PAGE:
Interchange fact, fiction and myths

Interchange a word that describes a method that allows cars and truck to move from one road to another. Interchange a
word that describes the exchange of ideas or data between two or more individuals. Interchange a fee paid to an Issuer of a payment card.

It is this third definition that this blog will explore.  A fee or income paid to an Issuer of a payment card.

Some would call it a tax on merchants.  Merchants who wish to sell products and services to individuals and corporations who wish to pay with moneys loaned to them by a financial institution (credit card) or held on deposit by a financial institution (debit card and pre-paid card). Wikipedia offers the following; Http://en.wikipedia.org/wiki/Interchange_fee.  To add to this sound Wikipedia definition, I offer a little story of how Interchange was described to me was a way of helping people appreciate the way interchange has changed over the years.

In 1991 I joined EPSS, a technology company then owned by Eurocard International (50%), Eurocheque International (35%) and MasterCard International (15%). EPSS or European Payment System Services ran and managed a set of technologies designed to support the authorization, clearing and settlement of payment transactions initiated by a payment card being presented to a merchant. We supported both credit and debit card transaction and would when they emerged also supported pre-paid card transactions.

As part of the settlement process we calculated and assured acquirers (merchant bank service provider) were paid, less interchange and scheme fees, for those payment card transactions they had submitted on behalf of the merchants they serviced. Therefore understanding and assuring the accuracy of these calculations were essential to assuring the successful operation of those systems we managed.

In the first few weeks of starting, general counsel sat me down and described Interchange. What I learned is that on a biannual basis we hired a consulting firm, Edgar Dunn; to conduct an anonymous survey of the member organizations, the banks that issued credit cards.  Their role was to ascertain what it cost the issuers to support the processing of payment card transactions.  Three elements were key to these calculations:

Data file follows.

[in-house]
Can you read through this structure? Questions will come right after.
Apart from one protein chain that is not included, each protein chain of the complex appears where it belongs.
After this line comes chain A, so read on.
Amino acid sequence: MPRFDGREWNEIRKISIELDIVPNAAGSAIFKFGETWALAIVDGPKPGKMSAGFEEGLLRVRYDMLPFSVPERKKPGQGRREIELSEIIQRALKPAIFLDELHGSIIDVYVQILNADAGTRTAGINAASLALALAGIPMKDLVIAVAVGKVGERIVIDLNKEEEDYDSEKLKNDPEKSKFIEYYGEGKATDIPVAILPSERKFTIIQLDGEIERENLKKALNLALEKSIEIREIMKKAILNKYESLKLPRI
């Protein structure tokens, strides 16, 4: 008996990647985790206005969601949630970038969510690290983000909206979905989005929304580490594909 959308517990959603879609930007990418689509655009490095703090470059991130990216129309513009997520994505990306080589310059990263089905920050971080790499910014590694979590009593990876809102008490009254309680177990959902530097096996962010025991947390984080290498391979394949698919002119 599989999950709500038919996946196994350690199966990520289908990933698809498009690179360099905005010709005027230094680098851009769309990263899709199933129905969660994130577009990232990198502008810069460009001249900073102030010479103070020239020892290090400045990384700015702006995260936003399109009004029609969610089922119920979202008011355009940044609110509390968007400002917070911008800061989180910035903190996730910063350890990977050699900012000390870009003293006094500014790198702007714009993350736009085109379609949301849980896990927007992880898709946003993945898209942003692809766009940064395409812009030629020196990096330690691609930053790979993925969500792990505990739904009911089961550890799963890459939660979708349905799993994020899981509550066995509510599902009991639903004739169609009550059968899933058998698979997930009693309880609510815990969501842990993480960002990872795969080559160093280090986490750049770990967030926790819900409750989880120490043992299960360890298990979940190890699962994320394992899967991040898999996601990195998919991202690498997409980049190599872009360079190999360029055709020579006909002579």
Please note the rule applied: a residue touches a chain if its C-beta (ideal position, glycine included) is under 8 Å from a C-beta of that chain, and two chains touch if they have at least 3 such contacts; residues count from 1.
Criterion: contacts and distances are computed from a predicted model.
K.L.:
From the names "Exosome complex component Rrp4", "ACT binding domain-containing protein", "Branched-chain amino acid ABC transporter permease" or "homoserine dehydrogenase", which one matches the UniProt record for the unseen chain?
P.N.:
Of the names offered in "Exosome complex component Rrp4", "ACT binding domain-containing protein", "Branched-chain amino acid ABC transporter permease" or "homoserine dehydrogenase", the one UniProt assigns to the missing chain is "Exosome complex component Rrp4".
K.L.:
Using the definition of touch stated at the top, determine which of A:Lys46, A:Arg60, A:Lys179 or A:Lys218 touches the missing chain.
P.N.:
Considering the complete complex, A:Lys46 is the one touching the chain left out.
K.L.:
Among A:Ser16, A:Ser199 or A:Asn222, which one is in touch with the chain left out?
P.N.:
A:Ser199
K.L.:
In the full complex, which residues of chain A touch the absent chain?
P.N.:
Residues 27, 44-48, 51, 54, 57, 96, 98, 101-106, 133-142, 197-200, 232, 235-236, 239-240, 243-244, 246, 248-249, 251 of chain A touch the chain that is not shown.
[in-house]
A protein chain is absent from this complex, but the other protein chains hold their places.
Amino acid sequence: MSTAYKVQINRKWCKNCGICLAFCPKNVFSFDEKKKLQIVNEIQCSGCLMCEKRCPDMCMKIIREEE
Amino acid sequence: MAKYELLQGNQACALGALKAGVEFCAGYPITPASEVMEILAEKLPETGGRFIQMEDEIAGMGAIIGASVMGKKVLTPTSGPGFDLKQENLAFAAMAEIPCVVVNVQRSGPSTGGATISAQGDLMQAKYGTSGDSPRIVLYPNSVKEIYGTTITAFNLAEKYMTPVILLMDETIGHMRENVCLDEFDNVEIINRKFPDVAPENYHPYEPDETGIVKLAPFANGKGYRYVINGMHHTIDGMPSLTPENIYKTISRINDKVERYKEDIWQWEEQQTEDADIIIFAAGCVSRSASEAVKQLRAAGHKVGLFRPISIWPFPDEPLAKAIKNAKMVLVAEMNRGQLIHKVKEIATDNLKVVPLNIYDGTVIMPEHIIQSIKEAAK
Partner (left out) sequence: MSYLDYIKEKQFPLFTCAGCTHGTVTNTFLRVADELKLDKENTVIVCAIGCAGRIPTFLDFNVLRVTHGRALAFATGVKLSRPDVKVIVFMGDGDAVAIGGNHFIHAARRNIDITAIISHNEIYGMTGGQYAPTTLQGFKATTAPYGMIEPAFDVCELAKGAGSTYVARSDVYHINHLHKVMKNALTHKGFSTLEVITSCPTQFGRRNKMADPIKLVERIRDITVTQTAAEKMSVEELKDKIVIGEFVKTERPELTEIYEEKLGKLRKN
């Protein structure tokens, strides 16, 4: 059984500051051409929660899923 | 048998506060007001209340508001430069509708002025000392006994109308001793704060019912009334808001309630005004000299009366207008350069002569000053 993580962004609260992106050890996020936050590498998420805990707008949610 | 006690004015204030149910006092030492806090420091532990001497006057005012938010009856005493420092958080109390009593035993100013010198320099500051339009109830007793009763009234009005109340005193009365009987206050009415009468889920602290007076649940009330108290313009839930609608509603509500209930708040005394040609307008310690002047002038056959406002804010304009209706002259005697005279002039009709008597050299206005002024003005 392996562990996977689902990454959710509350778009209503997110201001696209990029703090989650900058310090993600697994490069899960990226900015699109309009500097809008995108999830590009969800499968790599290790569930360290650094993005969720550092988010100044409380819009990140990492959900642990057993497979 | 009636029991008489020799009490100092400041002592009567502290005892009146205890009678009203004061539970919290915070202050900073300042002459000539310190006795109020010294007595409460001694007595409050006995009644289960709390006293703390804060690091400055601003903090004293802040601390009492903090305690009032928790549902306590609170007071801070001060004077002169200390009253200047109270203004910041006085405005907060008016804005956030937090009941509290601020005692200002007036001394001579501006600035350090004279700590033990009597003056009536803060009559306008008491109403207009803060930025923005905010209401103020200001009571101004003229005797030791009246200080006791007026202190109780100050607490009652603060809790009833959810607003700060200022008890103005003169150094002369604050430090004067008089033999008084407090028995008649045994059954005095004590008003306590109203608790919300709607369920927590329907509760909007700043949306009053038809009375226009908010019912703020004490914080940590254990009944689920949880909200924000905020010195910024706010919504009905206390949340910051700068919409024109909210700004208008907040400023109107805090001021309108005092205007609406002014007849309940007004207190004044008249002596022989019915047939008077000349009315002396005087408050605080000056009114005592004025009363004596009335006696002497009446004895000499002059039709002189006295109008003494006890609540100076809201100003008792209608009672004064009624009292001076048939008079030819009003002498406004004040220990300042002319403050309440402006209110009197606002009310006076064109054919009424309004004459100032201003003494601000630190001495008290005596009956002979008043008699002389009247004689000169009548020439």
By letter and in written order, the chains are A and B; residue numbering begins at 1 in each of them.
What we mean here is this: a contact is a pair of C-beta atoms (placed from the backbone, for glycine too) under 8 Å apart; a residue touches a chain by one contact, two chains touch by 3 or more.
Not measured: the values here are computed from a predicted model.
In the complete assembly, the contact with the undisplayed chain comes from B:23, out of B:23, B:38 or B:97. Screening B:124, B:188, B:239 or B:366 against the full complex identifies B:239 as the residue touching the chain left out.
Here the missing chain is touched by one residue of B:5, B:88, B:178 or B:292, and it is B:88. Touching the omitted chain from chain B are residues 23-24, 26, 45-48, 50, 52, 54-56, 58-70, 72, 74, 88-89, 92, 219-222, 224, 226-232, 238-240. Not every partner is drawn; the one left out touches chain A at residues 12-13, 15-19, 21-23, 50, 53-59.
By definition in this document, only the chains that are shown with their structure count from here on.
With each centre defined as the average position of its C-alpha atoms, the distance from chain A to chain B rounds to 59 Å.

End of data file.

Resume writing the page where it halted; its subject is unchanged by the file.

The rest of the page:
• Cost of Carry – The interest charge or income the bank had to pay or forego in order to to fund payment card transactions conducted on the credit cards they issued to their customers.  This cost was calculated based on the reality that the issuing bank paid to payment network (MasterCard, Eurocard or Eurocheque) either immediately or within a few days of submission; and, the  fact that credit
    card charges are billed to the cardholder periodically.  This time between paying the merchant and the card holder paying their credti cards bill was assumed to be about 45 days.
  • Systems costs – The depreciation of assets and cost of operation of the systems necessary to process these payment card transactions.  These systems included those that authorize, in real time, payment card transactions and receive, each evening, the clearing transactions and reconcile the moneys the Issuer had to settle, daily, with the payment network.
  • Fraud costs – The loses the issuing bank incurred for payment card transactions where the consumer claimed they did not recognize the charge and the merchant proved that they had accepted the card and followed all the rules and procedures associated with the acceptance of that brand of payment card.

Our consultant then would amalgamate all the data they collected from the issuing members and submit a recommendation of what interchange should be for the next two years.  These recommendations recognized that interchange must vary based on two key characteristic:

  1. Location of Merchant and home country of cardholder
    1. Global
    2. Regional
    3. Domestic
  2. Nature of transaction
    1. Card present and electronically read
    2. Card present and paper voucher with card imprint
    3. Card Not Present (mail order telephone order and in time eCommerce)

We then discussed how the Issuer earned income from payment cards.  I learned; yes for those efficient issuers there were profits, whereas for inefficient issuer they might actual lose money. Bottom line the calculation was designed not to create profits.  It was designed to cover cost.